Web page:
In a High Place

Sounds of chewing and sipping jostled with the smell of dirt, meat and alcohol in the stationary car. “You like Mongol girls?” the grinning, weathered man asked from the front-seat. “Erm. Tza, Tza [sure, yeah],” I replied. The other two men chuckled, one topping up everyone else’s cup. After thumbing through my pocket English-Mongol dictionary and much mutually baffling gesturing, the man said he’d like to introduce me to girls from this town, Tsetserleg.

Feeling awkward, I stuttered and took in a mouthful of vodka and vacuum-sealed sausage before shaking my head determinedly, as a stupid, apologetic smile fumbled across my face. The car exploded in laughter, gold teeth and cigarette smoke; three hands repeatedly clapped my shoulders, glad to be humored.

It was early April and still in the death-throes of winter, when temperatures would swing wildly between different degrees below zero. The Mongolian landscape during this time is majestic; a sparse, blue-brown horizon glittering with ice and sporadically dotted by sheep, yak, horse and herder; a place where there are 250 cloudless days a year, facilitating a pervasive timeless quality.

We were in Tsetserleg (pop. 17,000), the provincial capital of Arkhangai in central Mongolia. It was the main stopping point on a westward trek between Ulaan Baatar and Terkhiin Tsagaan Nuur (the Great White Lake), that would cumulatively involve around 35 hours of travel on jeep, lorry, horse and car.

The man in the front seat was the lorry driver. After much haggling, he was giving me a paid lift to the lake – en route from his usual supply run between the capital and settlements in the region – but we hadn’t yet budged. The lorry’s axle had cracked under its weight, and we were sitting in his friend’s car.

After only four hours of makeshift repair, a bottle and a half of exceptional local vodka and numerous dubious-looking sausages, my duffel bag was launched atop the lorry’s load, strapped under a tarpaulin, and the vehicle’s Brezhnev-era engine hand-cranked to life.

As befitting an overloaded truck, the dry dirt road made for problematic terrain, and we broke down half a dozen times in eight hours. Not the sort to be unprepared, the driver had an assortment of rusty, non-reducible spare parts in two large nylon sacks that could be forcibly incorporated into the truck’s system with mallet, wrench and screwdriver.

It bore testament to the simple longevity of Soviet manufacturing and the mechanical know-how of its consumers that no matter how fatal the vehicle’s injuries seemed, the merchant driver managed to coax it back on the road every time.

We eventually arrived sometime past midnight in Tariat, the village nearest the lake, which was by now in utter darkness. Being a long way from hotel bookings, the driver kindly took us to his brother’s ger – the nomadic tent-like dwelling ubiquitous in Mongolia – where, upon rousing the entire family, I was confronted with utmost hospitality.

Fatty foods and alcohol are prized commodities in a country that experiences bitter cold for eight months of the year, a fact made telling as they offered tea (the local variety, mostly milk, fat and salt), tsuiven (a lardy but tasty fried noodle and mutton dish), chocolate and, of course, more vodka.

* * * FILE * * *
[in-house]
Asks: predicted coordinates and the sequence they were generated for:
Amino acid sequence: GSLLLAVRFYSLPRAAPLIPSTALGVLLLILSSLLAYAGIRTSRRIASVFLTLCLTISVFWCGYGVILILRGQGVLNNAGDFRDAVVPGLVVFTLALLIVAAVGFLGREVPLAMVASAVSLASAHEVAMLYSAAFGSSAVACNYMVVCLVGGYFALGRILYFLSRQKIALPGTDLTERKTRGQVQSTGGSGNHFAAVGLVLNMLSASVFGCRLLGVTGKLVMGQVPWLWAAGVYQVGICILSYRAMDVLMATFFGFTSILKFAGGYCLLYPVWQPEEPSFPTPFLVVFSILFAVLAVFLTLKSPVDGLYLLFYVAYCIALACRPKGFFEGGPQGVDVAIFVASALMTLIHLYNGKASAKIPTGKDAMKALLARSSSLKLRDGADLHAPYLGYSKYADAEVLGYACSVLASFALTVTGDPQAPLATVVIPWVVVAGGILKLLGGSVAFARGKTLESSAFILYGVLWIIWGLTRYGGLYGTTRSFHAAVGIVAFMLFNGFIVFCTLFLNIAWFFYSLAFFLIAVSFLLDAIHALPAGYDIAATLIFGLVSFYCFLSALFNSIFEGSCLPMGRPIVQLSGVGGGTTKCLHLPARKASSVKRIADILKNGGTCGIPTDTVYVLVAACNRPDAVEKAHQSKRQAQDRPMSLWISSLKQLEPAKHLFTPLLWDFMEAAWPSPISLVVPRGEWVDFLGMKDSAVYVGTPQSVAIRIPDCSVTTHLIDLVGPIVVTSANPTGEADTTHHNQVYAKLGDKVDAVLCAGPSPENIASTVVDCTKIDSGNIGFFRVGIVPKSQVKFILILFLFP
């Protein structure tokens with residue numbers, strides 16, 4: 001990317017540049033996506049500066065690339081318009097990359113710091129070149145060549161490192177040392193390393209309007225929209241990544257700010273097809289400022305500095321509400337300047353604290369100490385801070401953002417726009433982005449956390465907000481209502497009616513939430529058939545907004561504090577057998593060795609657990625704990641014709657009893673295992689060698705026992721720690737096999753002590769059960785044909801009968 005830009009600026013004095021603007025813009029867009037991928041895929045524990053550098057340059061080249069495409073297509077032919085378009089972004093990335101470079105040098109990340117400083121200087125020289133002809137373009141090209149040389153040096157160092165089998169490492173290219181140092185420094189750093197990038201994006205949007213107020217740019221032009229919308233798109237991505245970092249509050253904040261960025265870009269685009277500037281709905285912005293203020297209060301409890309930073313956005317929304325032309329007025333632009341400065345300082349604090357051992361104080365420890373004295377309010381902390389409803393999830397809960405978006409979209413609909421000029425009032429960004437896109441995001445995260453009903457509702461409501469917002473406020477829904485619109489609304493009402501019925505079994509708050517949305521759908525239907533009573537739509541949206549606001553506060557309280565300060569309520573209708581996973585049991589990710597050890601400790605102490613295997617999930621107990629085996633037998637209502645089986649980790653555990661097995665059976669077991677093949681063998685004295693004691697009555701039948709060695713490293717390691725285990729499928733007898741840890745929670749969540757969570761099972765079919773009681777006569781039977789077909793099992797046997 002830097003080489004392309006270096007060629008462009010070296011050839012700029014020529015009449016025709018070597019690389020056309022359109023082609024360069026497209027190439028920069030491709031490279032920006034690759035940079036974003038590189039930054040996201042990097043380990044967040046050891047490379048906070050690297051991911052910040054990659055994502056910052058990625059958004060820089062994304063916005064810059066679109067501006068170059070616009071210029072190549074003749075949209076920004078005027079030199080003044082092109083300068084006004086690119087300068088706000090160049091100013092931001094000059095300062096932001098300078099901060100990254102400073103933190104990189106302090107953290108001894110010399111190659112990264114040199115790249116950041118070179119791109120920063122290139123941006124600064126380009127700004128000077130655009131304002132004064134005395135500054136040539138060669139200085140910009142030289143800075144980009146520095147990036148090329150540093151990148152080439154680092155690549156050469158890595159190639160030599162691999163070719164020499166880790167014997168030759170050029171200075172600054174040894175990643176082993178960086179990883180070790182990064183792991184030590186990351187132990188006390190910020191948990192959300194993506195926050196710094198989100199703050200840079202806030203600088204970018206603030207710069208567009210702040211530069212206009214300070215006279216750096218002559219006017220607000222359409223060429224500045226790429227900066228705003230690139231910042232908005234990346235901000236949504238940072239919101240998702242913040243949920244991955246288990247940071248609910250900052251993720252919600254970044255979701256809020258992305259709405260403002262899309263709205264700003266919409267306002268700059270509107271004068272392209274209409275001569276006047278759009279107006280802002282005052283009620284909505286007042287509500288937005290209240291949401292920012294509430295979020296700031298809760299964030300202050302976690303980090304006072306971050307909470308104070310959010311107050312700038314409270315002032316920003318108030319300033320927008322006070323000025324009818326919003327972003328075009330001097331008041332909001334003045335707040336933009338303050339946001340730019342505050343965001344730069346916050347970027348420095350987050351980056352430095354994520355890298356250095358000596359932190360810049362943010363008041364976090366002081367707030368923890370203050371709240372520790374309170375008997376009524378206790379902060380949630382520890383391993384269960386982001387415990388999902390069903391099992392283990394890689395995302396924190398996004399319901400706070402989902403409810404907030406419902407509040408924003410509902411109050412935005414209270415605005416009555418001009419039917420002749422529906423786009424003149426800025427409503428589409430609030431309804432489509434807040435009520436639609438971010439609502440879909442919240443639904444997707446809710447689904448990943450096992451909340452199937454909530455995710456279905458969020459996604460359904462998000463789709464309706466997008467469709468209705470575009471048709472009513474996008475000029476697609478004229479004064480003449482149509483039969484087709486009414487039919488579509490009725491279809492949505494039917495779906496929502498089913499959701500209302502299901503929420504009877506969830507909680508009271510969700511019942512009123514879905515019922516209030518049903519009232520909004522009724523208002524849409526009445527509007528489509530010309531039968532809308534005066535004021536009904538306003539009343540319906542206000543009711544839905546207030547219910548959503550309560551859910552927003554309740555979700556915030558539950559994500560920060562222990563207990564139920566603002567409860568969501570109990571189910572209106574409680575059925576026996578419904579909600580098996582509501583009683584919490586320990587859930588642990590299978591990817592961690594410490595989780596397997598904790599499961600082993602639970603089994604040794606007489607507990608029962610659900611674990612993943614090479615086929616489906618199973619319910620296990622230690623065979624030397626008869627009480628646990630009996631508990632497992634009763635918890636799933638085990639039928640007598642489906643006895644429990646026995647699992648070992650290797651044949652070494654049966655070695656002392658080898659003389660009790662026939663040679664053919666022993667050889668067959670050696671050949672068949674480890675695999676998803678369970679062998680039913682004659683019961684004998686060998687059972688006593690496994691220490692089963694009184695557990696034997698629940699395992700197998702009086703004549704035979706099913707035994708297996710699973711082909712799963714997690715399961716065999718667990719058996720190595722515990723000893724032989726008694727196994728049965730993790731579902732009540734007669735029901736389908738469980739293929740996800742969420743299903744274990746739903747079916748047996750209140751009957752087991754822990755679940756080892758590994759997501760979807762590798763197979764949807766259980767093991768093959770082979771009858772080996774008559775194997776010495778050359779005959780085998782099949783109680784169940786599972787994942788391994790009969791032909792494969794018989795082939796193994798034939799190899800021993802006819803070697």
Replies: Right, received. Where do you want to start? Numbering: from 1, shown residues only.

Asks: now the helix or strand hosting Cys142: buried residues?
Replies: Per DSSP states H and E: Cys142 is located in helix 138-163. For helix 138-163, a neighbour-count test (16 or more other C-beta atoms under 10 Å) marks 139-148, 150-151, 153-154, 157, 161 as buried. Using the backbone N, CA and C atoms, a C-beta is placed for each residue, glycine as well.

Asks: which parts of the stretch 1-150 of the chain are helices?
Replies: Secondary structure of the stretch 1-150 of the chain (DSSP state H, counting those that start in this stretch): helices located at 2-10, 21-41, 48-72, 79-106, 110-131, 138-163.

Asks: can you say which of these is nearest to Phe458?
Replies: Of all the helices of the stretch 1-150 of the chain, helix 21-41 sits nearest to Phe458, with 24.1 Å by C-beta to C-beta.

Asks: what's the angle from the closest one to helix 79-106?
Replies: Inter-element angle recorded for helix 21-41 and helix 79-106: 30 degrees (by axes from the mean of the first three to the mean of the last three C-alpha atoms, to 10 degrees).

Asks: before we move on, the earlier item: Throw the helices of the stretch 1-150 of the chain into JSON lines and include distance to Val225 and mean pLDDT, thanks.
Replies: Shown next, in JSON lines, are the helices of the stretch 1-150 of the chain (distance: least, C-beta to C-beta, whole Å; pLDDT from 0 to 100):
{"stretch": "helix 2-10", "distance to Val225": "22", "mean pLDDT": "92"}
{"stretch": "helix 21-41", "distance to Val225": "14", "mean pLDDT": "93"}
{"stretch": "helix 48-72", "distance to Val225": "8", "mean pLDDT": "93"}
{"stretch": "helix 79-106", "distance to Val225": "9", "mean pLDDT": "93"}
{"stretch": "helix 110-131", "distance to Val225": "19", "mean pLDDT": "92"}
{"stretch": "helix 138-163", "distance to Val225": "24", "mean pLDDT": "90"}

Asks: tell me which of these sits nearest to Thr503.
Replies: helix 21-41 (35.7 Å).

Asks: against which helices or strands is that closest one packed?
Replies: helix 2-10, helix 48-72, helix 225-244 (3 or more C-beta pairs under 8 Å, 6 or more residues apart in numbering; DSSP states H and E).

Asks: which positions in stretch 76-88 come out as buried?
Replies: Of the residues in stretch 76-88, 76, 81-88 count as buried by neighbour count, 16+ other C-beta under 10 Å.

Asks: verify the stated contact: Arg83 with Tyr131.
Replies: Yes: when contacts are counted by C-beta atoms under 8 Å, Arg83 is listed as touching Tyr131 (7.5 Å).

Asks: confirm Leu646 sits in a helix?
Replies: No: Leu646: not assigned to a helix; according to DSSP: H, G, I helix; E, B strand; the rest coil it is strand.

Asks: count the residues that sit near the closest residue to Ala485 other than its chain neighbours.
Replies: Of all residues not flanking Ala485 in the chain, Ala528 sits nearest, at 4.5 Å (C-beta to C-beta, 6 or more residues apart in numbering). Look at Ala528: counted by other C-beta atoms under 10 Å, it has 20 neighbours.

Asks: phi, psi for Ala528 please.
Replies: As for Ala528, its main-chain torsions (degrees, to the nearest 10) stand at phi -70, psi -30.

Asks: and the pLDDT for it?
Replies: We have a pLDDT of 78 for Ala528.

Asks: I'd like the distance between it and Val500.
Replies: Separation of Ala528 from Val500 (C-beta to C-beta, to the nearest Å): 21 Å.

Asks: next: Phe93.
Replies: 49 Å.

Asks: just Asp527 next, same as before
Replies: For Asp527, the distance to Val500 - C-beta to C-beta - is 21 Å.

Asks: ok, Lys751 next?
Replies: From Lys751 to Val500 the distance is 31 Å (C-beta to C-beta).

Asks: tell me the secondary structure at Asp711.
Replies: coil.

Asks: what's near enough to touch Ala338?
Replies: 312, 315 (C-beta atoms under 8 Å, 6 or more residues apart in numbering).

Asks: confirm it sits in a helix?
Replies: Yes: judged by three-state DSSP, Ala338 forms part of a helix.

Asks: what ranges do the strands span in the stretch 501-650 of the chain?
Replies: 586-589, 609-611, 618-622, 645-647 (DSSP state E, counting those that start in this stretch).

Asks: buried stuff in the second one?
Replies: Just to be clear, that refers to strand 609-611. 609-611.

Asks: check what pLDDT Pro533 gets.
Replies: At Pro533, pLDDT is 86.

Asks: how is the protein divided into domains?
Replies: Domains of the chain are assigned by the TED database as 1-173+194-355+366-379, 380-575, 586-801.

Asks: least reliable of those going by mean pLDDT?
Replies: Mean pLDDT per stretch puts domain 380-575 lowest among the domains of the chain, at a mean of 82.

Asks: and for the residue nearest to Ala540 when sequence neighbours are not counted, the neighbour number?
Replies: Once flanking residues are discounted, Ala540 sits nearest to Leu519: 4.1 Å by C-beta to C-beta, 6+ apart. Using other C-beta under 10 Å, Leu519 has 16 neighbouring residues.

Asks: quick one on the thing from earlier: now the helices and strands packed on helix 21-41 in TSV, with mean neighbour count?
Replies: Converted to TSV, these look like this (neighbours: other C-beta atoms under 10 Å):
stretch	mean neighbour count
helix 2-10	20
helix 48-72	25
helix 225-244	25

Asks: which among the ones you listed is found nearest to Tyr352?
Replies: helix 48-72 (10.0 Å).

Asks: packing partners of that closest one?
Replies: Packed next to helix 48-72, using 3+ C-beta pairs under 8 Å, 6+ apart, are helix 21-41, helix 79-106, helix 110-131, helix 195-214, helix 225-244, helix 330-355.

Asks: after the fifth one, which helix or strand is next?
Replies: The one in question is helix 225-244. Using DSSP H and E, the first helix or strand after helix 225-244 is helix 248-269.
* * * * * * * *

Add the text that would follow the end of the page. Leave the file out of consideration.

Batbold, our host, soon settled down to some chess with the driver. Mrs. Batbold cooked at the wood-fired stove, which stood in the center of the ger and did double duty as a heater; the iron chimney rising through the thick felt ceiling to stare at the star-studded night sky. The 11-year-old daughter did some schoolwork, his 14-year-old son – whose English was excellent – acted as translator for all while collecting firewood from outside. It was a scene from a storybook, without time or place.

Nearing the lake the following day, my horse was tired and somewhat unruly. The metal bit jangling its teeth could be felt through the reins as the animal shook its head, and the leather saddle felt like wood against my posterior. Batbold’s son, now my guide, was mounted on a traditional wooden saddle. It must have hurt.

Navigating through several kilometers of reddish-black volcanic debris, we passed the crater of the extinct Khorgo volcano, and began picking up pace as the knobby ground smoothed out, making lighter work on our horses’ hooves. Near the top of a tall, steep ridge, the visual field changed as the lake gradually appeared beneath us, stretching the horizon above the uppermost edge of the rock face until at the top, we were looked out on Terkhiin Tsagaan Lake.

It was a shimmering spectacle of desolate beauty, an expanse of frozen fresh water that in its own blue-white glare appeared devoid of human life – bar one herder’s lonely ger. The view induced a tingling lightheadedness and a tightening of the chest; there was cause for celebration. Yet in the moment when the act of toasting would have been at its conceptual zenith, it was a pleasant thought that then, for once, there wasn’t a drop to drink.